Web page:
I’d been keeping my eyes out for a reasonably priced, nice condition copy of the Thief soundtrack, and I finally found one the other day in the New Arrivals bin over at Easy Street. I’m not entirely sure why I’ve been wanting this other than knowing the music is by Tangerine Dream and the film is a gritty and brilliant crime noir classic. Ironically later that same evening I was flipping through the channels and what did I land on? That’s right, Thief. Which was followed by the original Rollerball as part of some kind of James Caan retrospective. Needless to say, I watched both.
I’ve never been a soundtrack guy, especially not soundtracks that are comprised primarily of scores as opposed to previously released songs. Having listened to a few over the last couple of years, though, I’m kind of intrigued, as this strikes me as a very different way of writing music. You can feel an emotional flow to the compositions on Thief, an underlying base mood that is nuanced and transformed by the soundscape. The musicians are writing to align their art with someone else’s art, and when it’s done correctly the results are magical.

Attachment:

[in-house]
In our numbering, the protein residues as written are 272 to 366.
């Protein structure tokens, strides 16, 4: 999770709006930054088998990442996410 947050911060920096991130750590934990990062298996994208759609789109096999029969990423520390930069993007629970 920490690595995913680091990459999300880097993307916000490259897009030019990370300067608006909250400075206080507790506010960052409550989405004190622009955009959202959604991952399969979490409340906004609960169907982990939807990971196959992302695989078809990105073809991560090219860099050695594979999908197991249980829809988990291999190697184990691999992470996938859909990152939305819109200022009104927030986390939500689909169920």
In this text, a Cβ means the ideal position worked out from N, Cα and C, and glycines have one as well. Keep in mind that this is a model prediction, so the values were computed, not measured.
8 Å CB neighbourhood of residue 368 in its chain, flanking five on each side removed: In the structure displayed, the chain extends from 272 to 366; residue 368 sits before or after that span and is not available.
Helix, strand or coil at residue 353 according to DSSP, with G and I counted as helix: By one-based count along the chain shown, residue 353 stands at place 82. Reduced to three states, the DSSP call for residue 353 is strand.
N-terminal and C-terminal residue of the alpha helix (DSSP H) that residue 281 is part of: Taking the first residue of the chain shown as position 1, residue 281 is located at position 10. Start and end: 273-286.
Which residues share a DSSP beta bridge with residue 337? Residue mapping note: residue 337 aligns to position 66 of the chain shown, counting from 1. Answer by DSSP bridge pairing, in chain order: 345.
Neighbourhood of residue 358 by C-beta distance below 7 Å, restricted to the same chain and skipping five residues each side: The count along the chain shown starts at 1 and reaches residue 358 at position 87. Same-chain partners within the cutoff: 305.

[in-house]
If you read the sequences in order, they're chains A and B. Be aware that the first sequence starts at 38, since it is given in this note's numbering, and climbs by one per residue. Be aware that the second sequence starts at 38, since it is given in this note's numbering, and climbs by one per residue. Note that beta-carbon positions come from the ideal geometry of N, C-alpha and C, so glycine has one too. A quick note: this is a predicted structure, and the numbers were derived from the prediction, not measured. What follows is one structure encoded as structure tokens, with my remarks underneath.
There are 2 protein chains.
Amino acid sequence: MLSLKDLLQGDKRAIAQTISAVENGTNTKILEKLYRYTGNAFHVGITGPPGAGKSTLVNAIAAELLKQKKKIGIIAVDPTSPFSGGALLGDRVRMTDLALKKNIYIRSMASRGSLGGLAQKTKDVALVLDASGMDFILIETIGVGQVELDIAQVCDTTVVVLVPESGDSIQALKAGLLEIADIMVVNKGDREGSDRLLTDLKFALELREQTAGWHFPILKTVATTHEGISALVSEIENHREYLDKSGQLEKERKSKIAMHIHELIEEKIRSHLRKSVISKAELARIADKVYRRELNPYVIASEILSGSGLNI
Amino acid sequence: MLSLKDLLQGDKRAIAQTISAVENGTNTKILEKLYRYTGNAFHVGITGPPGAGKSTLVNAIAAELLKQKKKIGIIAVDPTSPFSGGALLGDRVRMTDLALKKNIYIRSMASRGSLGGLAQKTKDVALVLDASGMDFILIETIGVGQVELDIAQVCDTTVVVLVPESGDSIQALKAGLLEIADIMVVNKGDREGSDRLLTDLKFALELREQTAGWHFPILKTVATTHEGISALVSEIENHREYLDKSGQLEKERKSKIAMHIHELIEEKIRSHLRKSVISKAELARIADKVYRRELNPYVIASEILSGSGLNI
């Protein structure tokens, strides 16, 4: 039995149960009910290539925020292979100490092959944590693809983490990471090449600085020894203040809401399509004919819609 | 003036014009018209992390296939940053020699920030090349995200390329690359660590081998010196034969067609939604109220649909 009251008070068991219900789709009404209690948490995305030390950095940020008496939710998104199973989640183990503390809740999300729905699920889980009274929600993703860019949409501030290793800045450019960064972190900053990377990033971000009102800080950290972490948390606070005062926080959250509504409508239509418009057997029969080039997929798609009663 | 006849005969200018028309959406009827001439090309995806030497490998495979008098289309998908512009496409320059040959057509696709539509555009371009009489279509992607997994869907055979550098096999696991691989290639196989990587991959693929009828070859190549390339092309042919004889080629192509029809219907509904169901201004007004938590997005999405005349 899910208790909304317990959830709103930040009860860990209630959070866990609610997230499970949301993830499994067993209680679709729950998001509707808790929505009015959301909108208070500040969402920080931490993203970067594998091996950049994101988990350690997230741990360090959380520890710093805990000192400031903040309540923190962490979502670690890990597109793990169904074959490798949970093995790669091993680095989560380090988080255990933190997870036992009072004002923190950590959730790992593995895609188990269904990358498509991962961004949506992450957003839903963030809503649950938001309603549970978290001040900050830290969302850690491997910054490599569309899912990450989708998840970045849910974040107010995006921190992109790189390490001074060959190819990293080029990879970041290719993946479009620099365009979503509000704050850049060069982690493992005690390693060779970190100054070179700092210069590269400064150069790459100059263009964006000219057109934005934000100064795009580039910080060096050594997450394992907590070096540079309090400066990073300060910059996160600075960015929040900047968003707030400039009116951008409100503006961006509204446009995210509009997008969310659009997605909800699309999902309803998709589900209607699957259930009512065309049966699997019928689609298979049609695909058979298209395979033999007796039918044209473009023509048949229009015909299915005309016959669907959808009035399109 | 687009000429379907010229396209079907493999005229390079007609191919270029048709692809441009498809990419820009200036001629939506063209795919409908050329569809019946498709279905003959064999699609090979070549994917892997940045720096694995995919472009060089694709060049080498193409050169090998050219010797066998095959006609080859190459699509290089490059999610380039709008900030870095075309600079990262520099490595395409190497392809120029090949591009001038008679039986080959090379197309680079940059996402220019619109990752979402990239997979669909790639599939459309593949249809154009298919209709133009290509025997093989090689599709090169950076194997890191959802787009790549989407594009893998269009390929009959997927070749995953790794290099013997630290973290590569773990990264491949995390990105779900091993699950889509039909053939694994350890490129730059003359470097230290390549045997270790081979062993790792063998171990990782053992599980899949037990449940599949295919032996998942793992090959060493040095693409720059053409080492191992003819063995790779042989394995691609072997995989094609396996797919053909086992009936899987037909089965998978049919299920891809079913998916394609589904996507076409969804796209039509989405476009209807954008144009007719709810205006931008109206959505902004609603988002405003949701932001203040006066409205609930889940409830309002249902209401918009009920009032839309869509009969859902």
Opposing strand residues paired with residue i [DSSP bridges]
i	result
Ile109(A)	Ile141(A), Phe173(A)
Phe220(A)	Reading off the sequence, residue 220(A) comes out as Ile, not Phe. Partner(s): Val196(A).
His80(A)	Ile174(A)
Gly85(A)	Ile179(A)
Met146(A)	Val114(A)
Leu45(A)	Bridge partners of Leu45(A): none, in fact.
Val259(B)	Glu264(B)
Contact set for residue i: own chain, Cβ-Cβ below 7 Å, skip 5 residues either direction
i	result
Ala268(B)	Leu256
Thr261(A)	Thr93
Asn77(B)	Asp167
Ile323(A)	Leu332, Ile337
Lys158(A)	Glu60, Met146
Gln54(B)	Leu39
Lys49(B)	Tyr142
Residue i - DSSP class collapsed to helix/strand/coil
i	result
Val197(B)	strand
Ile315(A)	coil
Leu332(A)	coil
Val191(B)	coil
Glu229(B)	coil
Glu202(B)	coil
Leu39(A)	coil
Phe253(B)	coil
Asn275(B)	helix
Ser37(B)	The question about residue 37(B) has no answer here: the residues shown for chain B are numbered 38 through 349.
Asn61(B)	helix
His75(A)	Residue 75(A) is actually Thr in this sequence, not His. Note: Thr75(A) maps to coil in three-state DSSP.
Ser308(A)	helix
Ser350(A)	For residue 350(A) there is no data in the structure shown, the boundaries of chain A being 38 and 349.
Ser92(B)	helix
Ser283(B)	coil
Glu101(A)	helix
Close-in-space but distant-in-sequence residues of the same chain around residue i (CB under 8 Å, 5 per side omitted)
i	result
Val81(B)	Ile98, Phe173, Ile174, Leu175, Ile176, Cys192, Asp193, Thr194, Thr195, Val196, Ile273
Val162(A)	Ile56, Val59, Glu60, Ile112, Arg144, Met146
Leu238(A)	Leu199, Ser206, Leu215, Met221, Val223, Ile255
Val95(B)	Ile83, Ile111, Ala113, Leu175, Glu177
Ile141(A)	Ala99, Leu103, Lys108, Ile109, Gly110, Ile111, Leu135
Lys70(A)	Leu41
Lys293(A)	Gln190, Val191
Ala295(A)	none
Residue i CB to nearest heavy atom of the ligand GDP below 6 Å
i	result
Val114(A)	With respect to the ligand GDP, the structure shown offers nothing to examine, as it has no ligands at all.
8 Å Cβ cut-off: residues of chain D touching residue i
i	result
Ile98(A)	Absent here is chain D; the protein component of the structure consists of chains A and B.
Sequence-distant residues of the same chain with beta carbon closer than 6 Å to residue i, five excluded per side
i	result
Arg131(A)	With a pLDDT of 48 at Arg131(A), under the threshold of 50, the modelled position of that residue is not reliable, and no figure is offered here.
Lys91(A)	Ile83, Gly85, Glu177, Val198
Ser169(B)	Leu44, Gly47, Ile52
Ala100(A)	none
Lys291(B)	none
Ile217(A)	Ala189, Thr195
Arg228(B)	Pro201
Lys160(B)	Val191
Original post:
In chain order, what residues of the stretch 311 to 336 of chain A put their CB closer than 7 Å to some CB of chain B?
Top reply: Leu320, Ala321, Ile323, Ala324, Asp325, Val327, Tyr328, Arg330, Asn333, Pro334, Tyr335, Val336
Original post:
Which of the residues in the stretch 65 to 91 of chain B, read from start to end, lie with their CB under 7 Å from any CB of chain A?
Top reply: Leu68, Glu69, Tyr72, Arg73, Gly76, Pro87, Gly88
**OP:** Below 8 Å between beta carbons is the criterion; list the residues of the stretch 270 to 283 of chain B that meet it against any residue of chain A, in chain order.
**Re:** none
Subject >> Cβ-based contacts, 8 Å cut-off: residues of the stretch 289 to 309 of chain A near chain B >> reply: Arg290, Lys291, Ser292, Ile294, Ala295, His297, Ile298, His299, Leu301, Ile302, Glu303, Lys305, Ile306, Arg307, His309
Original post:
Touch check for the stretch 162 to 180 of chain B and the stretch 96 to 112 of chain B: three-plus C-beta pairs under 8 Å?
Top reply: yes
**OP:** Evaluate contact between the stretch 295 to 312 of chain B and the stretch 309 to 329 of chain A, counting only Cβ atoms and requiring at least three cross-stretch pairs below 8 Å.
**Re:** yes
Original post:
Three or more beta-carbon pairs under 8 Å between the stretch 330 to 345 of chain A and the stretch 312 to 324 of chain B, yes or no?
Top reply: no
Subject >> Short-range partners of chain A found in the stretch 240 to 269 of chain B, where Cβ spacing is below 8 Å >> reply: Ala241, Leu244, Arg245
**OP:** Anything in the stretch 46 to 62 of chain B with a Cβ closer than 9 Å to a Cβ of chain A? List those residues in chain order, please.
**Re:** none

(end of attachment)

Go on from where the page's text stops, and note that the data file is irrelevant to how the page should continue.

The music is a defining element in Thief, just as it is in most Michael Mann directed films. He could have just as easily scored the album with rock songs and it would have given then entire thing a totally different feel. Same scenes, same dialogue, different emotional content. In fact, Mann originally intended to score it using Chicago Blues songs. It’s hard to imagine what that version of the film would have been like, though the final track “Confrontation” may give us just a hint, the only guitar-based number on the album.
Thief stands on it’s own fairly well. If you’re into Tangerine Dream and similar electronica, it’s a perfectly enjoyable stand-alone album. It’s hard for me to separate it from the film in my mind, but it’s not a major leap by any means.